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January: Stay warm, stay cosy, and stay connected

So 2021 started with a bang – we know the next few weeks and months are not going to be as we would have hoped so the simple things are more than important than ever to looking after our mind health.

Lockdown, winter weather and a distinct lack of sunlight and spontaneity can impact our mental wellbeing, add in having to plan everything and the thought of queuing, face mask in hand, around the pavement for the local M+S to do our food shop and well, it’s no wonder we can feel flat at the moment!

The temptation is to go into full-on hibernation mode and of course rest, relaxation and cautious comfort food consumption is entirely understandable. 

Here are some tips and suggestions on staying warm, cosy and connected this month.

Dim the lights or go for candles

Turn off harsh fluorescent lights and invest in lamps with warm, orangey light and dot them around the house. Scented candles create little pools of radiance around your home and opting for certain scents, such as vanilla, lavender, or chamomile, can trigger a chemical reaction in the brain that aids relaxation and can help reduce anxiety.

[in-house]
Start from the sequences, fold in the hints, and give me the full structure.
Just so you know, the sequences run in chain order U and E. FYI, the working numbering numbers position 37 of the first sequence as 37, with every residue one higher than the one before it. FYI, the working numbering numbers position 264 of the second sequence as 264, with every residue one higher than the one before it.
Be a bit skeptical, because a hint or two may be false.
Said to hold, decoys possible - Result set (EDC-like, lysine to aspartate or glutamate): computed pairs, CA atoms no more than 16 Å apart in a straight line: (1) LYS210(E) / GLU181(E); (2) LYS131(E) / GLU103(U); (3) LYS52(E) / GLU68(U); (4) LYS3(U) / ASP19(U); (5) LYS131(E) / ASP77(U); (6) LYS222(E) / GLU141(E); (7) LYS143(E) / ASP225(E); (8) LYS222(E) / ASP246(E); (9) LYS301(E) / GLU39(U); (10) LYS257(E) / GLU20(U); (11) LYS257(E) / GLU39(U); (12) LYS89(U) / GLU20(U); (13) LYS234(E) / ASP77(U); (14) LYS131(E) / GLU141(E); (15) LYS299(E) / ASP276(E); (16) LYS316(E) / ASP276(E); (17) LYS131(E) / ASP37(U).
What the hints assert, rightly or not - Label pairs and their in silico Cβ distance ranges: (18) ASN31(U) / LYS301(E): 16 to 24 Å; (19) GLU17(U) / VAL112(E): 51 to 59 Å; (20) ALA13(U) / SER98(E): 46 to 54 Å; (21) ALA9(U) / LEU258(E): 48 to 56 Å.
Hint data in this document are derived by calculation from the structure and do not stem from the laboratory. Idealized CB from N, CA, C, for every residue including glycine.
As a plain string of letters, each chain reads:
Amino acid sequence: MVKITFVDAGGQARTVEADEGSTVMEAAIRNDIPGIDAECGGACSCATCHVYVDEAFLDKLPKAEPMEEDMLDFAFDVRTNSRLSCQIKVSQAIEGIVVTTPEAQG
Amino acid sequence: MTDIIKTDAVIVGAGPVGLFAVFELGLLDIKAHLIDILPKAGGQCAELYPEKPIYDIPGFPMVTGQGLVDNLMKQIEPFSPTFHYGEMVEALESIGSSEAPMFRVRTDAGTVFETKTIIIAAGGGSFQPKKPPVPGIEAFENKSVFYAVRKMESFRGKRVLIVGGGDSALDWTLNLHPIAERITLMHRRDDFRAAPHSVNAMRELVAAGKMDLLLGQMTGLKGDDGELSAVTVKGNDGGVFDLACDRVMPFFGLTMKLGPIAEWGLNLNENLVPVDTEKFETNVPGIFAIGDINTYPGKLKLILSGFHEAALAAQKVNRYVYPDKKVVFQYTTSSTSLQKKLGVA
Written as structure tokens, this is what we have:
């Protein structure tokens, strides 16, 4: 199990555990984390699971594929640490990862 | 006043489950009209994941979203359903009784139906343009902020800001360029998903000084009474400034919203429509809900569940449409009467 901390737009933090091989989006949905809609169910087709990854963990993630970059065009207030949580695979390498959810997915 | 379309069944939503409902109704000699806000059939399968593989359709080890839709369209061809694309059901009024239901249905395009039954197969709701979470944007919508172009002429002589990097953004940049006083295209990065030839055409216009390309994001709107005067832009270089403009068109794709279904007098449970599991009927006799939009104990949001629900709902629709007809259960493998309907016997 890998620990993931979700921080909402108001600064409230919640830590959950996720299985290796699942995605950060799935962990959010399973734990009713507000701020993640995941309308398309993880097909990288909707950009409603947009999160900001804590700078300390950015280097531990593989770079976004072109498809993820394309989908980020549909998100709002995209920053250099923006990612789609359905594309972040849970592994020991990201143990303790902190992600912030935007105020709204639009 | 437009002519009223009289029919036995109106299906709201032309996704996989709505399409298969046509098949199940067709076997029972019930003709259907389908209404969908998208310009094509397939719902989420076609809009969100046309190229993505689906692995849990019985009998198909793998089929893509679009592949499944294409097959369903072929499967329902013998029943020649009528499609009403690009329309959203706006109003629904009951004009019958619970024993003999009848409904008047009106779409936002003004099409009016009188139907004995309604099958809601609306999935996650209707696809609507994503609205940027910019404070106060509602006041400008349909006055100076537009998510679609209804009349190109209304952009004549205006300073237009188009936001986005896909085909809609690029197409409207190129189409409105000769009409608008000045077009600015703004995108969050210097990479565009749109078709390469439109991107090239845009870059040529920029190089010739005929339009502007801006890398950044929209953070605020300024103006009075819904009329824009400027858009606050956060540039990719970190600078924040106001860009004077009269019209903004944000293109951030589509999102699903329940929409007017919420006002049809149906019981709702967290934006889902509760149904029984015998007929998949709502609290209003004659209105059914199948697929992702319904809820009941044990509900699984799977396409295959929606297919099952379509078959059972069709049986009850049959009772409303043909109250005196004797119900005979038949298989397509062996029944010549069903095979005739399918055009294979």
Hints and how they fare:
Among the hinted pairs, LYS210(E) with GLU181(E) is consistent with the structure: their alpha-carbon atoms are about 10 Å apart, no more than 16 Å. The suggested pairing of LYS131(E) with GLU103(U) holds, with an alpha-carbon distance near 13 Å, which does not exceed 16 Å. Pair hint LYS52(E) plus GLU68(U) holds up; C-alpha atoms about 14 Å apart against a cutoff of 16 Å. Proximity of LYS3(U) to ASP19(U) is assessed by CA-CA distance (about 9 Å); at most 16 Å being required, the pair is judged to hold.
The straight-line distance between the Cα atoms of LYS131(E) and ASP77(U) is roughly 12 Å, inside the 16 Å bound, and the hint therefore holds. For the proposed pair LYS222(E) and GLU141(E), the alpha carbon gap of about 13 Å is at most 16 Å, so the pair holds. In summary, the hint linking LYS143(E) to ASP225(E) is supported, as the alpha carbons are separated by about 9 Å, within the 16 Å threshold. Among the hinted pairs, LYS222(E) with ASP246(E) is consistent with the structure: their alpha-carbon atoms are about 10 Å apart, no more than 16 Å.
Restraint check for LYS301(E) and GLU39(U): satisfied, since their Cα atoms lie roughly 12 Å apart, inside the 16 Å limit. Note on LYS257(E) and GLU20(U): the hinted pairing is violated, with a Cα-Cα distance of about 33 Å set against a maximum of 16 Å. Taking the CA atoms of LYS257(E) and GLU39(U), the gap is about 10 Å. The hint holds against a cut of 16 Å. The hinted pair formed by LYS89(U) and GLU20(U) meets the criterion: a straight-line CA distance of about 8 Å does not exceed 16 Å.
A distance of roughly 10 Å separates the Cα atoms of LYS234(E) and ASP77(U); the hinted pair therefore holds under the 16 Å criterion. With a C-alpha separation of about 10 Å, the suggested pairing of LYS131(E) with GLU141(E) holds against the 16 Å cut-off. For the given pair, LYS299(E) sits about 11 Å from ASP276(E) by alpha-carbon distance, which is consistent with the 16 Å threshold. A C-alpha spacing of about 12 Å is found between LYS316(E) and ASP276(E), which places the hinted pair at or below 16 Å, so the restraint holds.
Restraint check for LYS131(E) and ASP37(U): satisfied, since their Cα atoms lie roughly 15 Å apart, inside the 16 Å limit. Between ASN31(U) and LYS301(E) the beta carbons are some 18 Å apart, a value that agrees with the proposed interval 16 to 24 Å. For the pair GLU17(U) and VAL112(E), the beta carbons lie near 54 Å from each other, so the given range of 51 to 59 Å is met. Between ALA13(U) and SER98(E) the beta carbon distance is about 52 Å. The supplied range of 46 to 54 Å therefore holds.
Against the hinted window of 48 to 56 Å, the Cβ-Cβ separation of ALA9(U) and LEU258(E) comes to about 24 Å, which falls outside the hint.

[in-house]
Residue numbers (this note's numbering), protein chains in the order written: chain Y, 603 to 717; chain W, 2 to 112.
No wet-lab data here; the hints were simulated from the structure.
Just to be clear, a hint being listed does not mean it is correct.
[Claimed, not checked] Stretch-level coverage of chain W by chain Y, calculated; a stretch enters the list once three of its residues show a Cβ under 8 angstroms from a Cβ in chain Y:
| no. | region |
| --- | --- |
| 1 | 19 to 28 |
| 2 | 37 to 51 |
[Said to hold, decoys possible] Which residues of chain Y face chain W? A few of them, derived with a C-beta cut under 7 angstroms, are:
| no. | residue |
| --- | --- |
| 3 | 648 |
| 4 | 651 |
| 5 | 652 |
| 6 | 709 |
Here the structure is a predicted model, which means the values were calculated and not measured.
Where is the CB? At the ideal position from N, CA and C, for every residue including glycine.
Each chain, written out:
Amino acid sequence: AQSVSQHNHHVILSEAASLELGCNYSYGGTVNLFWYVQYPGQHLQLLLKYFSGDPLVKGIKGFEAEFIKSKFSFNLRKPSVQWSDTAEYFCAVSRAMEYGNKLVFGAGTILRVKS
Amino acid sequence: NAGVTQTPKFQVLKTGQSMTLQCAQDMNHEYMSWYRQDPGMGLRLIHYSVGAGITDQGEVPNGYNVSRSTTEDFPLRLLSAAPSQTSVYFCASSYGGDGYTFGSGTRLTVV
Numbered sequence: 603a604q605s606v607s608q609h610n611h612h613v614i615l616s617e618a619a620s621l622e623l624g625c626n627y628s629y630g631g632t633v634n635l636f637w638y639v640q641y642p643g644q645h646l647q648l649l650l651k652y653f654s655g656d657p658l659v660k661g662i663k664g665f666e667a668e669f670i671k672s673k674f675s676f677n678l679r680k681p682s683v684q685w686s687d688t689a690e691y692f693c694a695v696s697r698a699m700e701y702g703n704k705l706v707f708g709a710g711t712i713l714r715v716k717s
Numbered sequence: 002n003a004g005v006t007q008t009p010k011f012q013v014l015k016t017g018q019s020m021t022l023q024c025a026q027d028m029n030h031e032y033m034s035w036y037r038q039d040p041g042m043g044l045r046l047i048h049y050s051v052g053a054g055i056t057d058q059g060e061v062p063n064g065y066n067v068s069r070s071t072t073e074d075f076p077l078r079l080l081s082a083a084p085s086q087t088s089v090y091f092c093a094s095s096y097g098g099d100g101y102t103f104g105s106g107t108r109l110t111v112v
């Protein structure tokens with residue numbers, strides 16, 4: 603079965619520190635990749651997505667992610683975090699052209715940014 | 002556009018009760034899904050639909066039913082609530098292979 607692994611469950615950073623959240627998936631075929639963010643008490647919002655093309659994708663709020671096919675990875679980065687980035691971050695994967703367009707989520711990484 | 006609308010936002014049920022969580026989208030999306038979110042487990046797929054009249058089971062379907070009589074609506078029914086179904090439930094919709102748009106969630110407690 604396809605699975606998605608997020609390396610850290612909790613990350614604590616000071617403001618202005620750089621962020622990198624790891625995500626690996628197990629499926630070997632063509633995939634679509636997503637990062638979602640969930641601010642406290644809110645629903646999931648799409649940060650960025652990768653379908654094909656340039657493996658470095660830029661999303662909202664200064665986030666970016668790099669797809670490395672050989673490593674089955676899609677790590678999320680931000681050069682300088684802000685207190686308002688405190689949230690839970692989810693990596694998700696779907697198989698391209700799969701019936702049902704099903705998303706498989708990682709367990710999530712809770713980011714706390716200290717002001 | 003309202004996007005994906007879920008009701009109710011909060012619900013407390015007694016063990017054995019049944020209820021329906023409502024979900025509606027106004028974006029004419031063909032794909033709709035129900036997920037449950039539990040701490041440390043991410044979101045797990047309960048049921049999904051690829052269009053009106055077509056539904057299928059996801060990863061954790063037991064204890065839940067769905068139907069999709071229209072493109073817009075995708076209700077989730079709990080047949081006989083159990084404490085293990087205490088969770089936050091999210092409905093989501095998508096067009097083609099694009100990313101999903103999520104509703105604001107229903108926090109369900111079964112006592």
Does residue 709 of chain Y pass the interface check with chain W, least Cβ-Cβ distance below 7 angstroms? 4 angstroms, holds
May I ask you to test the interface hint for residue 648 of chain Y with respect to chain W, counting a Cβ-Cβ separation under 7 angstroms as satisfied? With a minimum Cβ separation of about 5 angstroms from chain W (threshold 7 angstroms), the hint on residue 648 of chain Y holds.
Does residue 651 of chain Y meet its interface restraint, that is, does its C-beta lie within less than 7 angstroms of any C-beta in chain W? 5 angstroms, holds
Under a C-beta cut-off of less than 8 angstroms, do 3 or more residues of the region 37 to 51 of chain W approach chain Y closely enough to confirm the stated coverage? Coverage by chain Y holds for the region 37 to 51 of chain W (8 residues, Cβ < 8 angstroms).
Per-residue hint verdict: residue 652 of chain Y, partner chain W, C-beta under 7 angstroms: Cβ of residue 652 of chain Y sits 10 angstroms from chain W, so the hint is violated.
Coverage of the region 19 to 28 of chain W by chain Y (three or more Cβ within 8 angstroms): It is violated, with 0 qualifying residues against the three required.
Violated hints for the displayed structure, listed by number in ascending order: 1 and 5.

Stay hydrated

Relaxing or bingeing on your favourite boxset  may not seem like thirsty work but keep hydrated, so make sure you get your daily liquid quota via hot beverages, like herbal teas, hot water with lemon or hot chocolate. Researchers at Yale University have found that things that warm drinks actually possess the power to help people feel happier and less lonely. Here are some of our favourite drinks from an earlier blog.

Rest up

Relax but not too much as oversleeping can make you feel even more sluggish during the day. Aaim for about eight hours of shut-eye a night, and try to go to bed and get up at the same time every day.

Get outside

A lack of sunlight means your brain produces more of the hormone  melatonin, which makes you sleepy. So, in order to combat this, try to adapt your schedule around the shorter days, and make time to get outside during your lunch break or in the late afternoon. 

Stay connected

Whether you’re meeting friends for a socially distanced walk, your doing Zoom drinks or calling your in-laws it’s so important to stay connected – in person, by phone or using social media. Too much social media as we know can have a negative impact on our brain health but as this scientific study from Harvard University in 2020, it can be positive for our mental health and wellbeing.

Keep Well,

Dr Clara Russell